While I’m caring for my new baby, I’m sharing some favorite posts from the past few years. This is one of them – enjoy! ~ Tara
Let’s call that person Judith, for the sake of this post.
Here’s what I knew about Judith: she’s super smart, she’s well-known and well-connected, and she and I disagree about a LOT of things in the women’s empowerment conversation.
My inner critic took all that in and started feeling really worried about what she’d think of my talk. I started feeling unprepared, less than, not my normal self.
During the speech, from time to time, I’d get so distracted by thinking about her presence, that I’d fall out of flow and stand outside my words, listening to them and imagining how they might sound to her.
And of course, in my mind the answer to that was always that they sounded incoherent, irrational, mundane to her.
After I finished, I went over to one of the hosts of the event and said I’d love to meet Judith. After all, despite all my worries, I did also have a lot of respect for her, and wanted to say hello.
“Oh,” they casually said, “she couldn’t make it. Her child got sick and she needed to stay at home.”
It was the oddest moment.
All that worry, for nothing. I had been steeped in my fears about what she would think of the talk. I had imagined her presence in the room as I was speaking – and her judgments, her criticism, even her scoffing at some of what I had said.
But she was not in the room.
All that imagining was simply that: imagining.
I immediately thought: Ok life, I get the joke. I get the metaphor.
This was such a great metaphor for what I often do. Special guest or not, when I’m writing something particularly vulnerable or risky, or when I’m giving a talk to a group that intimidates me, I often find my mind imagining and projecting the most critical, skeptical, even mean view on my work. I imagine Judiths, people like Judith I’ve never met. I imagine some figure saying my worst fears: “That’s ridiculous, Tara. That’s naive. Who do you think you are?”
I know I’m not alone in this. Women have been trained into fearing that critic – that individual or collective critic raging or scoffing at what we have to say.
And the truth is, those imagined voices and judges are almost never really in the room in the way that we imagine them to be. They were more present for our great great grandmothers than they are for us.
And when they are still there for us, we can find an internal resourcefulness to handle it. We really can.
What I’ve learned is that sure, there will be a range of responses to my work, but most of the time, the external criticism I encounter is so easy-peasy compared to what I fear, so deal-with-able, so simply “it is what it is” – nothing like the big boogie-man my own fears make it out to be.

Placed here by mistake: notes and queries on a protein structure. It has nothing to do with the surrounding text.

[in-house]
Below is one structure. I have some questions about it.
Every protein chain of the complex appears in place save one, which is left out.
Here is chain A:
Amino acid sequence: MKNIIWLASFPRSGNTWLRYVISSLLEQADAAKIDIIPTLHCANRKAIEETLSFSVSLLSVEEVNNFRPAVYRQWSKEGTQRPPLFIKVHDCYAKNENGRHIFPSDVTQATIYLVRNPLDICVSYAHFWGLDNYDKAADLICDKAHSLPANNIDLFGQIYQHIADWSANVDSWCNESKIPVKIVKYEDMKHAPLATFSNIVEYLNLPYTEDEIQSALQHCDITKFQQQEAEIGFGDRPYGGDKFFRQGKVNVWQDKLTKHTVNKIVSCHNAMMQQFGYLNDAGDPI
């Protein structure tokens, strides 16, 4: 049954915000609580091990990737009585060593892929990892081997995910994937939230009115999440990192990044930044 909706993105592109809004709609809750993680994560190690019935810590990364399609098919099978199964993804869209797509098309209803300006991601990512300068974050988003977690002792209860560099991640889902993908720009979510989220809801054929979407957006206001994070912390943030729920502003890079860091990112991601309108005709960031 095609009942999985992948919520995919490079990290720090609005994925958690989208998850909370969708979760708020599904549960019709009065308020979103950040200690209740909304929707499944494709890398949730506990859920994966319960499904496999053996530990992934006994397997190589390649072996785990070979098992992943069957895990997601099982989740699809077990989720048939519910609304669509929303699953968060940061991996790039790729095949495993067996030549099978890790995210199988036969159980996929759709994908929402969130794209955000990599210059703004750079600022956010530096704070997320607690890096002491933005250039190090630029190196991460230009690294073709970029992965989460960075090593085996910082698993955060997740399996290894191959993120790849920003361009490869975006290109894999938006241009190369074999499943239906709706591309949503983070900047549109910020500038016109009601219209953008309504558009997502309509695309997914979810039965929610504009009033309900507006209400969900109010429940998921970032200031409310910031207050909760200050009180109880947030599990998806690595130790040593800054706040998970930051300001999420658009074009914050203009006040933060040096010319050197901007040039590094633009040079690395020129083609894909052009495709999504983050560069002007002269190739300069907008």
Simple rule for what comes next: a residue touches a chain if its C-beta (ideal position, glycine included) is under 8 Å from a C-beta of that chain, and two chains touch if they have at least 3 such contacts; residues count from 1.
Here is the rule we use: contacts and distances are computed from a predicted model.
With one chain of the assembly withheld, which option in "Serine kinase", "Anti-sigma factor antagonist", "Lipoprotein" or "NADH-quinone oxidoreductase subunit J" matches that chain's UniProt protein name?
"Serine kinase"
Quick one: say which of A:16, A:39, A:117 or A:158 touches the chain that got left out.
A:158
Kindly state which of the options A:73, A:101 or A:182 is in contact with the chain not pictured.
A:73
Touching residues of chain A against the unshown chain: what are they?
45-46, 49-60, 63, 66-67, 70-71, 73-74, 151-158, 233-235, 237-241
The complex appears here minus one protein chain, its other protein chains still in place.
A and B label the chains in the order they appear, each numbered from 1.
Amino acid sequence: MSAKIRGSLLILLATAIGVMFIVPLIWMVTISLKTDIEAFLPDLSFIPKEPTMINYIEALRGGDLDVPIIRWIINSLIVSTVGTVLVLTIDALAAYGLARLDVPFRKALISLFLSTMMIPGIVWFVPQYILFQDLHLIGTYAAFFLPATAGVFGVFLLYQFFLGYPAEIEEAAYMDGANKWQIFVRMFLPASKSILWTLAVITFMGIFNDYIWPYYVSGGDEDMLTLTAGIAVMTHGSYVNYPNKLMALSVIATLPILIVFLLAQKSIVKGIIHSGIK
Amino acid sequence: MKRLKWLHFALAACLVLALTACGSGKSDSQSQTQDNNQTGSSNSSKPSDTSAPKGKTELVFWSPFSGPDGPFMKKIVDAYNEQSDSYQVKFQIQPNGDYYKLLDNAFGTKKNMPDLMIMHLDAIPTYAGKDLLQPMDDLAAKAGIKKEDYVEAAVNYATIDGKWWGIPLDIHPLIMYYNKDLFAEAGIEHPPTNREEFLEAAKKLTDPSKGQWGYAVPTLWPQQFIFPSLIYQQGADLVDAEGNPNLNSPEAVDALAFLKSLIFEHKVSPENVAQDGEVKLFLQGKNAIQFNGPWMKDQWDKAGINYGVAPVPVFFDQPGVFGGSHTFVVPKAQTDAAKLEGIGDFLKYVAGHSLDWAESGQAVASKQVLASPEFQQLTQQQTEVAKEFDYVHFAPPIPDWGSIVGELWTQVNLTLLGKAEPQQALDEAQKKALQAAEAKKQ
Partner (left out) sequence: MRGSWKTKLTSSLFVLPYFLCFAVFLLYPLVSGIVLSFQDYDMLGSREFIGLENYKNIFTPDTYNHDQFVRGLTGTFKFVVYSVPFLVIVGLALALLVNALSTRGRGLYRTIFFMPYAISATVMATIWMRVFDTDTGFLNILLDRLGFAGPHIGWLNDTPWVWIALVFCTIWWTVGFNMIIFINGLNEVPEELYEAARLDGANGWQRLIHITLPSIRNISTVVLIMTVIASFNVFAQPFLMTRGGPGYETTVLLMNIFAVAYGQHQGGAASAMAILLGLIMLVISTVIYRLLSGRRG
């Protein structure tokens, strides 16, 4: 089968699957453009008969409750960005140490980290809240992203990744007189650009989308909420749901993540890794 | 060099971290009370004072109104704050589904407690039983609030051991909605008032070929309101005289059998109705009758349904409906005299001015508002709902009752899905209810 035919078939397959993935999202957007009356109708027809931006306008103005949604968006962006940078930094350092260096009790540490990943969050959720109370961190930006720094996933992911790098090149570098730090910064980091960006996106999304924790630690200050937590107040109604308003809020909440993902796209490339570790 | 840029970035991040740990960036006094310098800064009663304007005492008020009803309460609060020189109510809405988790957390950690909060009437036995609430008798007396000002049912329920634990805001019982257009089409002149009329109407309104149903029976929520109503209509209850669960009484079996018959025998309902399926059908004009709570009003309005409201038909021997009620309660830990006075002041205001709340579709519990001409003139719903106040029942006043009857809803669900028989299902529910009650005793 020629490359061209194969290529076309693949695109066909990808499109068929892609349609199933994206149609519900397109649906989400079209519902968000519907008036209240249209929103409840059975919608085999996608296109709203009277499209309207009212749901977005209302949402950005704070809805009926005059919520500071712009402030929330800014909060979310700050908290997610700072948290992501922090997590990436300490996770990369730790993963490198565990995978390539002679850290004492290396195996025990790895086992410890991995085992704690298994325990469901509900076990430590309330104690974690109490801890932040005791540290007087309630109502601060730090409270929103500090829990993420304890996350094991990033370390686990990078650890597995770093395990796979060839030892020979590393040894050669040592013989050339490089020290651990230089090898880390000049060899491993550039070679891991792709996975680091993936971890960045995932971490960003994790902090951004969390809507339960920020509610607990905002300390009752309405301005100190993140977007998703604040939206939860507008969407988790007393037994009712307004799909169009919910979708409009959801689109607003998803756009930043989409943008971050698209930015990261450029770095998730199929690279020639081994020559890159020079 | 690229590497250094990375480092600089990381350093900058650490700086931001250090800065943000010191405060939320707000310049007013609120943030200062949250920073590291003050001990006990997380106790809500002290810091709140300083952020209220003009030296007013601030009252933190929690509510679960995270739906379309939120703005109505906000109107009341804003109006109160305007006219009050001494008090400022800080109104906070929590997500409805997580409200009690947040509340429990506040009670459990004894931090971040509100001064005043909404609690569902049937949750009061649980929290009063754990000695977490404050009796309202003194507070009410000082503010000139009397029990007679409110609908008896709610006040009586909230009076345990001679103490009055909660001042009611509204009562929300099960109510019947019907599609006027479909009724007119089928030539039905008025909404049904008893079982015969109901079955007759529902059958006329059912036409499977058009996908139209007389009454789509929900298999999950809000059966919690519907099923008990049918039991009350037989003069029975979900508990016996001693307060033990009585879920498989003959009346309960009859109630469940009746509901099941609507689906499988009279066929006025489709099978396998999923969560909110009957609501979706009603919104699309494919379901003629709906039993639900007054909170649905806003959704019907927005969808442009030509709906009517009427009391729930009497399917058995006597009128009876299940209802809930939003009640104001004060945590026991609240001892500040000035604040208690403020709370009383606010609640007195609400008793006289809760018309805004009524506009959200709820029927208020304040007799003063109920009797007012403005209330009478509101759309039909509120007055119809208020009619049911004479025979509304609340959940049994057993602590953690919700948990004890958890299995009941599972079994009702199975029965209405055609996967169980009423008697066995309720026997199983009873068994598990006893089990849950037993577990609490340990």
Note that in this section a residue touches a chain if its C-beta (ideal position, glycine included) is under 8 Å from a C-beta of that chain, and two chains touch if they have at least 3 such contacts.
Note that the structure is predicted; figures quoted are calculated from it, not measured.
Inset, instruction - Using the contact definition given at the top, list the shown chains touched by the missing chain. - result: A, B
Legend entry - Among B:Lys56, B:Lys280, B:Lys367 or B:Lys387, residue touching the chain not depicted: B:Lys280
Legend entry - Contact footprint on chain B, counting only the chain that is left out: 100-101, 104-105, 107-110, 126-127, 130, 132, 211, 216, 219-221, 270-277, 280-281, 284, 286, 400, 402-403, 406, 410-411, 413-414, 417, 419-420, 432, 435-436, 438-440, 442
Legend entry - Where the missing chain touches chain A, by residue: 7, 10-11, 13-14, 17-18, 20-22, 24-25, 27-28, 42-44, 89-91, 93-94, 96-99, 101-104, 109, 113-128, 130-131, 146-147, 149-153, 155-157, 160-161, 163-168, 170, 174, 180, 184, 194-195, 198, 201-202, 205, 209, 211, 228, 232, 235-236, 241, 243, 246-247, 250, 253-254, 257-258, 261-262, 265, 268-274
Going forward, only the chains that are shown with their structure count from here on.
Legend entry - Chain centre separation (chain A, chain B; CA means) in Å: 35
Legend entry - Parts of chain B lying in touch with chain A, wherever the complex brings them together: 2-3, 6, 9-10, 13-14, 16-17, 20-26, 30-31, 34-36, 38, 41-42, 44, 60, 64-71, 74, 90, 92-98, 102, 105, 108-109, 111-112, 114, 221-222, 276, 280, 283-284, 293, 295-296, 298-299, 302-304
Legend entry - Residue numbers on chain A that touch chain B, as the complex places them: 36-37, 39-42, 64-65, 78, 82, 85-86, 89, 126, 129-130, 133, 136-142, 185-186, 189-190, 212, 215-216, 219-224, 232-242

If you’re not doing something because you imagine the harsh criticism that could come your way, or if your joy and full expression is diminished because like me, you hold in your head what the skeptic would be saying about your work, ask yourself: how would I behave if I knew that voice was really, truly not in the room?
And then do that.
Join the discussion 11 Comments
I enjoyed this post a lot as it has happened to me before. And always, the inner critic is the most devastating of them all.
I admire your mission, your voice in the women’s empowerment world. One of the few I closely relate to and deeply respect. You say what is true for you clearly. And then ask me to judge from for myself if it is true. That is authentically respectful Ms Mohr.
Lucky child you have brought into this interesting world.
One of my favorite Tara columns! I think about it often if I find myself worrying about how someone specific will judge me. In hindsight it is always so laughable. The key is catching yourself mid-fret.
Thanks, Tara. ❤
THANK YOU, Tara! Life changing to read this.
Congrats on the new baby!!
Wonderful share, Tara. Sharing our truth is a gift. It’s not always easy to remember when one is standing there about to do it! Thank you for daring to share! I love your work!
Thank you Tara. I will think about this post the next time my inner critic starts up – which will inevitably be today! Very helpful, thanks again.
Tara you are amazing – how do you know exactly what to say? You speak to me deep down to my true self, thank you for this renewal.
Hi Tara, this is exactly what I’ve been thinking about today. I started workshops about communication and partnership recently and people keep asking “What gives you the power to talk about stuff you haven’t studied? Are you an expert?”. Holding myself back and not trying to defend myself and still be able to offer this workshop is quite challenging, however knowing that it’s only in my head and that it’s about my self-confidence helps me to stay on track. Thank you for your article! Kaacza
Tara, thank you so much for this email. I don’t always get a chance to read all your brillient words, but these hit home BIG TIME.
After reading what Adam and Brené wrote…I am inspired. Yes, they both made a positive contribution toward my authenticity/sincerity.
I lean in (pun intended) to Brené Brown’s definition of authenticity and believe sincerity is a tool we can use to reach higher and higher levels of our own best version of SELF.
Okay, I will now write an email for my blog and share this wisdom. That’s how it works, right?
Great read, loved it! So true, what a waste of energy! So much wasted focus and effort into judgement, of ourselves, of others, of what we think others think. In the end people are going to think whatever they want and that’s okay, no point in tormenting ourselves about it. Thanks
Love your story telling on this one! You bring it home. What’s behind the curtain? ta da! ha ha ha. -Laura
So great!!! I’m giving all the people I’m afraid of judging me the honorary name of Judith! We tell ourselves the greatest stories!